Wednesday, April 18, 2012

April 18, 2012

The Knock on the Door

If any of your ancestors throughout the sixteenth and seventeenth centuries were Protestant, especially if they lived in France and certain parts of Germany, this was their story. Imagine having to dread every knock at the door. Perhaps it was a time of peace and they believed it was safe to reveal their religious leanings, only to be immediately suspected. Perhaps they had been forced to hide their religion from authorities. Whatever the circumstances, how must it have been for every knock, every outside noise, to cause a cold panic? 

Even the simplest activities were dangerous for Protestants. (While I am mainly thinking of the French Huguenots, being a Protestant in Catholic territory in Germany, or even a Lutheran in Calvinist territory, would have been much the same at various times throughout history). Words dared never be repeated. When Sunday came and certain families did not appear at the parish church, rumors flew like wildfire. Was it ever possible to sit in one’s home with children gathered around, enjoying the simplest family activities without subconsciously listening for that ugly knock that could mean prison, torture, or death? 

Despite all that constant worry and dread, faith was still the most important aspect in our ancestors’ lives. They prayed that the knock would not come but they handled interrogations with aplomb whenever it did. They did not shirk from outlining their beliefs and admitting their faith. They understood that human nature was unkind at best and that they had no control over the situation . . . only God did. And they left it at that.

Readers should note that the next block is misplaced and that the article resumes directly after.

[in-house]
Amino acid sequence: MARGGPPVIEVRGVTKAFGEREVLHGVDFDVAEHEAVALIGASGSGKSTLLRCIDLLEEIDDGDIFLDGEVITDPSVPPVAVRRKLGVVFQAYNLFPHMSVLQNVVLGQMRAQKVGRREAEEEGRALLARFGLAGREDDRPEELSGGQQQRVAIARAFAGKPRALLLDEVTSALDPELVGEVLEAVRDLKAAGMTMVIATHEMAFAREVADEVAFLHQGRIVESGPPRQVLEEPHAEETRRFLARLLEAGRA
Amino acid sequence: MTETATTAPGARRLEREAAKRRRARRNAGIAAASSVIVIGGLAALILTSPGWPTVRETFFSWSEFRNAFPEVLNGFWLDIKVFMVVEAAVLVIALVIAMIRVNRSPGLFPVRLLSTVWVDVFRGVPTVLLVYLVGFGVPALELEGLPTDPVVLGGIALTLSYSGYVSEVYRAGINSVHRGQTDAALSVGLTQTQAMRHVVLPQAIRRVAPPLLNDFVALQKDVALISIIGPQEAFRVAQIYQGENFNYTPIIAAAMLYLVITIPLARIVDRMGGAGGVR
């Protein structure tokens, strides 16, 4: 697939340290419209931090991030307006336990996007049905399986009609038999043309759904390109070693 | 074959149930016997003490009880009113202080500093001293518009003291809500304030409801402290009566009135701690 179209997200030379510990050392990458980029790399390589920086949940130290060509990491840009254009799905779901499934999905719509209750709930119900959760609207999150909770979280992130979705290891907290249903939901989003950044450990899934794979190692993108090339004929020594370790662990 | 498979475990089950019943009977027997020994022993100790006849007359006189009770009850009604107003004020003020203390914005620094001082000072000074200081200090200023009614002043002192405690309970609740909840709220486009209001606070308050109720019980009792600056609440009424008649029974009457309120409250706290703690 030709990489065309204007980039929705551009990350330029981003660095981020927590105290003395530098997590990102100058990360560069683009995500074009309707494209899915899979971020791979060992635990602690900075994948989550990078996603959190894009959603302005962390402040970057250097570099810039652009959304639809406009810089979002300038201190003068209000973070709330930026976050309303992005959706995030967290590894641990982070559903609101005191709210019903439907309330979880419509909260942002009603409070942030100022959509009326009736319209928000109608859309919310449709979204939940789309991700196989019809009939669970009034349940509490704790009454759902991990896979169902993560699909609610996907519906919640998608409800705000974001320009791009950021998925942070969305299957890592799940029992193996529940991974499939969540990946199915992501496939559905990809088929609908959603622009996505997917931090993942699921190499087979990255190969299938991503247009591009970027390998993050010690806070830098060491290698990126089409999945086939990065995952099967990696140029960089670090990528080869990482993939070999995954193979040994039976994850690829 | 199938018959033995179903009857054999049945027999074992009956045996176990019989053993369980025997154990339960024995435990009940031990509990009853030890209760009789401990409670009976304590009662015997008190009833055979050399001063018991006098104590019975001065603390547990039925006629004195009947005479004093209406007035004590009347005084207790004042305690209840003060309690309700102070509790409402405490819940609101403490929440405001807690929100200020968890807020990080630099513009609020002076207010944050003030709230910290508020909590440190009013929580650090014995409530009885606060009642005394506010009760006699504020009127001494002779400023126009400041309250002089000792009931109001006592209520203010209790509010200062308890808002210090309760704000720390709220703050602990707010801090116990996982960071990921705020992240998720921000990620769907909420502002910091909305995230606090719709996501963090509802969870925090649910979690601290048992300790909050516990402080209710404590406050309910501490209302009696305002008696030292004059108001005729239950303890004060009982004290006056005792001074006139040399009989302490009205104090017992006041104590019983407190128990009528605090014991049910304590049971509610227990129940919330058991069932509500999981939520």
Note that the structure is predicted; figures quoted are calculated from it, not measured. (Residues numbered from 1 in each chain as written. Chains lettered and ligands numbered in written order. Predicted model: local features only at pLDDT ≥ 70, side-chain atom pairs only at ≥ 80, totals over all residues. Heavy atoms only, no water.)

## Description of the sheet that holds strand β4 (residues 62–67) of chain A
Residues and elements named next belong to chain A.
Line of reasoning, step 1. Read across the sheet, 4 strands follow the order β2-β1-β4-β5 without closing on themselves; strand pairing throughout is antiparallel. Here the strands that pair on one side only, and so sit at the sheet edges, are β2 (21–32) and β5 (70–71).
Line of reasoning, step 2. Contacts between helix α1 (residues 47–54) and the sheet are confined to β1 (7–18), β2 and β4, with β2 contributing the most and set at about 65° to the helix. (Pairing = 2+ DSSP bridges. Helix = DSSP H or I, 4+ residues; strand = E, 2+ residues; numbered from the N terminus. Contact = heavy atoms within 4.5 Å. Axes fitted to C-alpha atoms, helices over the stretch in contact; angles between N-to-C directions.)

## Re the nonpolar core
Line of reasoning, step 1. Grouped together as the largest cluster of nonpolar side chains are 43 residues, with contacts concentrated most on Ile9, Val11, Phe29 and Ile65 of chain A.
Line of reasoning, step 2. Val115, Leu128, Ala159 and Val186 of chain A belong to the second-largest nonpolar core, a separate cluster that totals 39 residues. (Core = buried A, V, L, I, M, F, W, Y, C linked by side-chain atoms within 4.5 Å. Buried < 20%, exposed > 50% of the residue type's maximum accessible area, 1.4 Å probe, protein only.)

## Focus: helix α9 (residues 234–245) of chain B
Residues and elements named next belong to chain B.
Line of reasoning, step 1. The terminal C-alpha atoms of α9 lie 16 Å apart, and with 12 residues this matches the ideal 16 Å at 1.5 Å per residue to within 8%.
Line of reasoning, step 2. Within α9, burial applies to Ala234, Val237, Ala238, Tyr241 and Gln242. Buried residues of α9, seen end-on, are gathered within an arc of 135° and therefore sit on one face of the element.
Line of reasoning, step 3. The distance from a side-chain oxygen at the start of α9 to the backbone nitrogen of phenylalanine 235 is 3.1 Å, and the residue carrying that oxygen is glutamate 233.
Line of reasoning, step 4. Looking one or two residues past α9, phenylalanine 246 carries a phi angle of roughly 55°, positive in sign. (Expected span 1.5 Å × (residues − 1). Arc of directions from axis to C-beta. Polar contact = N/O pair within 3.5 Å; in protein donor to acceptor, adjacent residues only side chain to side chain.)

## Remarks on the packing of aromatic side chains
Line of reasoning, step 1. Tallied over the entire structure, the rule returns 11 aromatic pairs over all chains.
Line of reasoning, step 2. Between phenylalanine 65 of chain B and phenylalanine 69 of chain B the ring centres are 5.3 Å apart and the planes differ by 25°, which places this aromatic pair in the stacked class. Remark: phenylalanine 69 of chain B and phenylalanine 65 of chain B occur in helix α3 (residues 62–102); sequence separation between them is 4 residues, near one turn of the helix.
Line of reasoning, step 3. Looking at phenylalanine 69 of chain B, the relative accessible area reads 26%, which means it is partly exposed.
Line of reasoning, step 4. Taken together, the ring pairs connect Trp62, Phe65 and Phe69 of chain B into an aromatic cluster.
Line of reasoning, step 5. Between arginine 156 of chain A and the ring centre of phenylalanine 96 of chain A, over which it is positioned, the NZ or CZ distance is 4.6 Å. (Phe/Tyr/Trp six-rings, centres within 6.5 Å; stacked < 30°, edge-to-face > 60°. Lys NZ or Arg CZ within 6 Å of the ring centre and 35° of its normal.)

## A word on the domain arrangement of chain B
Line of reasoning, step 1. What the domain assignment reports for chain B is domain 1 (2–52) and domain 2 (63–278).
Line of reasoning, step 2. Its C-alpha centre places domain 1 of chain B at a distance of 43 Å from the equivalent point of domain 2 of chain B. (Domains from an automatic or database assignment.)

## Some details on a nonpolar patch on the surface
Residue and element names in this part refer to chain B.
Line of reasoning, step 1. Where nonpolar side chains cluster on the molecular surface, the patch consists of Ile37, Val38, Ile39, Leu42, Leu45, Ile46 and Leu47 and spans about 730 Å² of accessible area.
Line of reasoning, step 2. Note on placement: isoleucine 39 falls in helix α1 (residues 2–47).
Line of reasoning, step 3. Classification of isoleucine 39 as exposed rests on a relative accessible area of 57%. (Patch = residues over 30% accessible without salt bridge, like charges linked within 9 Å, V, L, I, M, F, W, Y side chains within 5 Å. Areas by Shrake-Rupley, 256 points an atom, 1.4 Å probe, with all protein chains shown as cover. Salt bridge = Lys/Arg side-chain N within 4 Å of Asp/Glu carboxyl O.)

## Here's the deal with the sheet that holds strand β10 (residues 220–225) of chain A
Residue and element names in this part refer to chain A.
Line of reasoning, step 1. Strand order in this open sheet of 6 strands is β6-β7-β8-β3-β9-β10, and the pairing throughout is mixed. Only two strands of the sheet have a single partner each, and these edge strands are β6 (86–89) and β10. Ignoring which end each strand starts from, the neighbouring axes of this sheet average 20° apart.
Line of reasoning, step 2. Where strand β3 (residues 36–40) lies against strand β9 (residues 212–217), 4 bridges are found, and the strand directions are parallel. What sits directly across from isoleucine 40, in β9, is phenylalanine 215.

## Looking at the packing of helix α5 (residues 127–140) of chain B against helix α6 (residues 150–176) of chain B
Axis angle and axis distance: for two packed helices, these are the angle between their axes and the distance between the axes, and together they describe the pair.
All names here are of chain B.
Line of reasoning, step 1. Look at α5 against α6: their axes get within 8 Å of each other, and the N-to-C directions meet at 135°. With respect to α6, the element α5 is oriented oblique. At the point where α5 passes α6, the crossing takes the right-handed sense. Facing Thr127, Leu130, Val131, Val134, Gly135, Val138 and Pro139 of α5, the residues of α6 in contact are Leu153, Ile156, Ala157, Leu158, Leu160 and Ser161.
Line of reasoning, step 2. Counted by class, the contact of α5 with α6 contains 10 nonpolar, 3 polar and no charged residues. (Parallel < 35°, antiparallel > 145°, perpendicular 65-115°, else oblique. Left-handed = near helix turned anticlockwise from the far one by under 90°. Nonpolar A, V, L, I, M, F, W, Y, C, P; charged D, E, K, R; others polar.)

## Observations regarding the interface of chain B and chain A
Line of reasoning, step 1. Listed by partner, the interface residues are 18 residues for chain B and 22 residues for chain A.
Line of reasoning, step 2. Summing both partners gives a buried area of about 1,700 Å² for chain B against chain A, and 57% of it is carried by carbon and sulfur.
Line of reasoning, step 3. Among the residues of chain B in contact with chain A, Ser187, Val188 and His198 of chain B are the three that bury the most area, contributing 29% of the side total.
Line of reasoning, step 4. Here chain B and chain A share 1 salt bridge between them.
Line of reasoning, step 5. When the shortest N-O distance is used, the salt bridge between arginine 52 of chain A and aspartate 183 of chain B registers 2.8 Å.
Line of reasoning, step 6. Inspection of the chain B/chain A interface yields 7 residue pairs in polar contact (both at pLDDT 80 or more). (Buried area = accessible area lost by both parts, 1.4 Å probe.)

The worst knock that Protestants need fear today is salesmen at our door or perhaps spokesman for a religion we do not endorse. Yet this --- this culture of fear, pride, courage, and faith --- is our legacy. Let us honor and respect our ancestors for what they bore and let us be proud they bore it; let us not forget the lengths to which they went so we, the descendants, might have truth. We must never forget how difficult their daily lives must have been.

If, hypothetically speaking, the proverbial knock on the door ever does come, let us go to meet it with grace and courage as our Protestant ancestors did. Let us proudly proclaim  the five solas of the Reformation. Let us feel an intense pride for the faith our ancestors bled and died for, the faith of which they were not ashamed and the faith we boldly proclaim. Let us draw on the strength of the martyrs and honor just as fiercely all that they honored. Let us be proud. Unshakable. Steadfast.

It is the only fitting legacy.

(c) 2012 Joyously Saved

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